Legume symbiotic nitrogen fixation by beta-proteobacteria is widespread in nature

Chen , W.M. and Moulin , L. and Bontemps, C. and et al, . (2003) Legume symbiotic nitrogen fixation by beta-proteobacteria is widespread in nature. Journal of Bacteriology, 185 (24). pp. 7266-7272.

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Following the initial discovery of two legume-nodulating Burkholderia strains (L. Moulin, A. Munive, B. Dreyfus, and C. Boivin-Masson, Nature 411:948-950, 2001), we identified as nitrogen-fixing legume symbionts at least 50 different strains of Burkholderia caribensis and Ralstonia taiwanensis, all belonging to the beta-subclass of proteobacteria, thus extending the phylogenetic diversity of the rhizobia. R. taiwanensis was found to represent 93% of the Mimosa isolates in Taiwan, indicating that beta-proteobacteria can be the specific symbionts of a legume. The nod genes of rhizobial beta-proteobacteria (beta-rhizobia) are very similar to those of rhizobia from the alpha-subclass (alpha-rhizobia), strongly supporting the hypothesis of the unique origin of common nod genes. The beta-rhizobial nod genes are located on a 0.5-Mb plasmid, together with the nifH gene, in R. taiwanensis and Burkholderia phymatum. Phylogenetic analysis of available nodA gene sequences clustered beta-rhizobial sequences in two nodA lineages intertwined with alpha-rhizobial sequences. On the other hand, the beta-rhizobia were grouped with free-living nitrogen-fixing beta-proteobacteria on the basis of the nifH phylogenetic tree. These findings suggest that beta-rhizobia evolved from diazotrophs through multiple lateral nod gene transfers.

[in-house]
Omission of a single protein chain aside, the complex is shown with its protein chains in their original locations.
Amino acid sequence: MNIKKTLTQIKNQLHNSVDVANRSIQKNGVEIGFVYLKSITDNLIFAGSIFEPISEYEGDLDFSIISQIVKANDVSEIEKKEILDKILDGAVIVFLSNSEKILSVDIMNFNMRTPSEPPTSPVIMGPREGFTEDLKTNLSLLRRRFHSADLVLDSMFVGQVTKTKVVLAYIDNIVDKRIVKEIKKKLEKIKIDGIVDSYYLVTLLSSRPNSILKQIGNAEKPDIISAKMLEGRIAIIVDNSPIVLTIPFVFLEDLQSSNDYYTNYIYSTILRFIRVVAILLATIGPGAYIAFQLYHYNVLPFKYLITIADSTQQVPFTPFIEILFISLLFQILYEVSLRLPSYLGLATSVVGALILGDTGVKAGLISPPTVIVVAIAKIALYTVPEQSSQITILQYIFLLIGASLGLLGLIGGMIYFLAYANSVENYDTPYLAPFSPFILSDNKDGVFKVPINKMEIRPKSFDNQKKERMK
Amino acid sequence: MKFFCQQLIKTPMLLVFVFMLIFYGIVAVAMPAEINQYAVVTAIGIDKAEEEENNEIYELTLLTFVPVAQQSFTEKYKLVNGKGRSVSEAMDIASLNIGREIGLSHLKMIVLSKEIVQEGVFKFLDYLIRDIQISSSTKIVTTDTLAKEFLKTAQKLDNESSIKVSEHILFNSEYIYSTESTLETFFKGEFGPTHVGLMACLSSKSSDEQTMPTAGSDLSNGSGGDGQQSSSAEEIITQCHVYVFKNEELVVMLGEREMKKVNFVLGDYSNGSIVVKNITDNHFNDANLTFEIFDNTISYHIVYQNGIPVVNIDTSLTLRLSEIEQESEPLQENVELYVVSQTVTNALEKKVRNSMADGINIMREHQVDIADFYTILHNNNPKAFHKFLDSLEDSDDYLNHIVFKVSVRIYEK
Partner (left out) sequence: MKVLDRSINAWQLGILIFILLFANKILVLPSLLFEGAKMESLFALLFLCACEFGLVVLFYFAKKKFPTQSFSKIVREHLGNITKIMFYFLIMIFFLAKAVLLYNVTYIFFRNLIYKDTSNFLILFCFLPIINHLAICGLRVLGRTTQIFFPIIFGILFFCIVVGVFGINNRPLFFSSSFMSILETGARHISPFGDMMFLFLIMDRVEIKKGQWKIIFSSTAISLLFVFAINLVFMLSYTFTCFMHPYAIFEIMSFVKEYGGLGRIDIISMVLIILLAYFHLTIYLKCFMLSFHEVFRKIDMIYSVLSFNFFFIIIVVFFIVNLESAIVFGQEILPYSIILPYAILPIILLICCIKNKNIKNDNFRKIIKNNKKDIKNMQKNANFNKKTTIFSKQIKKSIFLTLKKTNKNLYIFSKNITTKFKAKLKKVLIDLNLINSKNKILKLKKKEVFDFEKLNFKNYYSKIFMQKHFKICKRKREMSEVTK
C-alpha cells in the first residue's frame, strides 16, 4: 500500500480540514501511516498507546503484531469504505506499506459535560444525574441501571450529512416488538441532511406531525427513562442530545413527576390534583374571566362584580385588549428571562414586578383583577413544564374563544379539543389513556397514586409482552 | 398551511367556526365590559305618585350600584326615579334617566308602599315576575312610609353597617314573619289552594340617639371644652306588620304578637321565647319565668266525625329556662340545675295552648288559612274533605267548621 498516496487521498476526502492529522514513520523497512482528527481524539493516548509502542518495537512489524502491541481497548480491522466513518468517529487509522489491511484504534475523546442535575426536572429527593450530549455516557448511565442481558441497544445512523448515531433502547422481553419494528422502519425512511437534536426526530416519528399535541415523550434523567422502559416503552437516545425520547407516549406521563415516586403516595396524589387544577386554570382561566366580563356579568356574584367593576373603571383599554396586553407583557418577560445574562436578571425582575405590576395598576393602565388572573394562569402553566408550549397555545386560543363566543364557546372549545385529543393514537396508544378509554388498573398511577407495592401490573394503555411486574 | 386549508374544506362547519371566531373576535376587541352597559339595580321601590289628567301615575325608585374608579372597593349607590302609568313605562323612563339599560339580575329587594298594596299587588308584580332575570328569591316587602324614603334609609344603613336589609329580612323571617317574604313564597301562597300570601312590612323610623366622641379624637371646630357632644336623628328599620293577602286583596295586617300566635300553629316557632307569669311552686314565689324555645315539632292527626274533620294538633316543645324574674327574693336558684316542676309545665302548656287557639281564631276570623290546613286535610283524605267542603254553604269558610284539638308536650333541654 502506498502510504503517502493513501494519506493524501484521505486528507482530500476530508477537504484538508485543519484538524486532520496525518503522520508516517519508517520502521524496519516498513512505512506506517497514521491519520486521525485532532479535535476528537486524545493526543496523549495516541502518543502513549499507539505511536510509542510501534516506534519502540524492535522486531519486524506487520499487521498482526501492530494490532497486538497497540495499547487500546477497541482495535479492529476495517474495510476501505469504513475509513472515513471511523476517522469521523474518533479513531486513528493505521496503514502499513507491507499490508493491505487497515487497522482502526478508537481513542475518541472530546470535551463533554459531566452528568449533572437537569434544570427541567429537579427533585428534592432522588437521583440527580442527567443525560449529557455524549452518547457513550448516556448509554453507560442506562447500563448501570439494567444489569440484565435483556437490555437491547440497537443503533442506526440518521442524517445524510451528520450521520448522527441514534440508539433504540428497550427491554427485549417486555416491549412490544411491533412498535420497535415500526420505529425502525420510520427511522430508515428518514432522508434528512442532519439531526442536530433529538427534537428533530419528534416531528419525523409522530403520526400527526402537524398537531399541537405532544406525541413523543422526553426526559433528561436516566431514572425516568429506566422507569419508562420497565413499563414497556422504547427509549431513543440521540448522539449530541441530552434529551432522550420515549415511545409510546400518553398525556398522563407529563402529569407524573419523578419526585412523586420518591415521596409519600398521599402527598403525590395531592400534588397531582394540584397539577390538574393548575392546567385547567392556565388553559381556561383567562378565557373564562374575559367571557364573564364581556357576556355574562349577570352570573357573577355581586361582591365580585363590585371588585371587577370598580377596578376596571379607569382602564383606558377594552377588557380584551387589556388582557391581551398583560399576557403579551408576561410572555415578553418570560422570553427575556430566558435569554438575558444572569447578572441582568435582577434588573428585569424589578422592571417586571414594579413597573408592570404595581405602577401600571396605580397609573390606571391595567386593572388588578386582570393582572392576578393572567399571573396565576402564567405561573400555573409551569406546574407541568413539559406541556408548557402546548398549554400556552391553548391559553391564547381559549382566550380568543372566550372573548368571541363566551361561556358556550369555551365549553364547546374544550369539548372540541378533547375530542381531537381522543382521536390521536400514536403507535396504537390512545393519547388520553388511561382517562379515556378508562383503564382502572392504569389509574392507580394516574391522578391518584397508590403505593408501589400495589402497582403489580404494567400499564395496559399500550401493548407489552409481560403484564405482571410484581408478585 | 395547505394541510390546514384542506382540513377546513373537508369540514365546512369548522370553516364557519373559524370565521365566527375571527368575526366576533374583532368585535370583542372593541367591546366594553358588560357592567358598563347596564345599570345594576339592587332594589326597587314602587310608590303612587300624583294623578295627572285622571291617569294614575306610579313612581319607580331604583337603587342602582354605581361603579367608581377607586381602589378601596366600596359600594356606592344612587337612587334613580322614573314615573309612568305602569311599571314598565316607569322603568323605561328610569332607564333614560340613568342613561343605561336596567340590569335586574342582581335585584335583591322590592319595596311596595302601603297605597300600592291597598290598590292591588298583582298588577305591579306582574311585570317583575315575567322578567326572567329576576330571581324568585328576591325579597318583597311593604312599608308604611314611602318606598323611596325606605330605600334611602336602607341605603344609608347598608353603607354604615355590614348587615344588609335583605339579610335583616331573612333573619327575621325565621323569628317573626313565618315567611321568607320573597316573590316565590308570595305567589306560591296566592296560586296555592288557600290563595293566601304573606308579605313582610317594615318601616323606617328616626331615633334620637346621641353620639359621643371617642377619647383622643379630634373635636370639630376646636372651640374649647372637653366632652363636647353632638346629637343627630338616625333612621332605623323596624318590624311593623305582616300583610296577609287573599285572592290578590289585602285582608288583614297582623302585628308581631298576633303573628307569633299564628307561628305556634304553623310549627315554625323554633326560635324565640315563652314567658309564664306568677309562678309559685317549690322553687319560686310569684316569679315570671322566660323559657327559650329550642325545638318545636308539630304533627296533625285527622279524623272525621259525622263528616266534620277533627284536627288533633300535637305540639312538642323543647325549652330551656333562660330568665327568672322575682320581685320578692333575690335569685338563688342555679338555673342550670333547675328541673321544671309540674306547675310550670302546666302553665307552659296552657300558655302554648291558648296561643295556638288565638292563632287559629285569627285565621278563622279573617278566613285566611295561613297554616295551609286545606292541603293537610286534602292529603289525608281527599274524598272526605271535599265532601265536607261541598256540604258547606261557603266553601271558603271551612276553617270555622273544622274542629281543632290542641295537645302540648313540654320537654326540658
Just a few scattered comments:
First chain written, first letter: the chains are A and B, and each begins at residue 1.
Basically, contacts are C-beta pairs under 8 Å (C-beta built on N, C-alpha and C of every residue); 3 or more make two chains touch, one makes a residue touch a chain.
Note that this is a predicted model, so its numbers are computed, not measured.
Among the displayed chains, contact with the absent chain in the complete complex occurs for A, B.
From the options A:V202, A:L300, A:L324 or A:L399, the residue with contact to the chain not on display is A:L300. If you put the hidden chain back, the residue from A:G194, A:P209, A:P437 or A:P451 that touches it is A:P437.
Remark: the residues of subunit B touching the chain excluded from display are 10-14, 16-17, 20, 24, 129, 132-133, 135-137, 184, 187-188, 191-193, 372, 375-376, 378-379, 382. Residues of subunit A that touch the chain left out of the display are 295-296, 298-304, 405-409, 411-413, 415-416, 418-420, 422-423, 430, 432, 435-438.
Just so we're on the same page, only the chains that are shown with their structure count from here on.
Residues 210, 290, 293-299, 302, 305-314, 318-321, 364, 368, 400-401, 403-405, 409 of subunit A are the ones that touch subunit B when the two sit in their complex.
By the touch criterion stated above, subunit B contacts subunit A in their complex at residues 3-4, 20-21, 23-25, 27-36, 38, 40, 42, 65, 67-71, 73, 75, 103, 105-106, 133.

Item Type: Article
Additional Information: We thank Y. Prin for help in microscopy studies and M.Dukhan for help with photographs. We also thank D. Barker and J. Batut for comments and suggestions. W.-M. Chen was supported by a grant from the National Science Council, Taipei, Taiwan, Republic of China (NSC 91-2320-B-022-001).
Uncontrolled Keywords: Legume, Symbiotic nitrogen fixation, Beta bacteria
Author Affiliation: Laboratory of Microbiology, Department of Seafood Science, National Kaohsiung Institute of Marine Technology, Taiwan.
Subjects: Plant Protection
Soil Science and Microbiology
Crop Improvement
Divisions: Chickpea
Common Bean
Depositing User: Mr Arbind Seth
Date Deposited: 20 Feb 2013 11:12
Last Modified: 20 Feb 2013 11:12
Official URL: http://dx.doi.org/10.1128/​JB.185.24.7266-7272.200...
URI: http://eprints.icrisat.ac.in/id/eprint/9626

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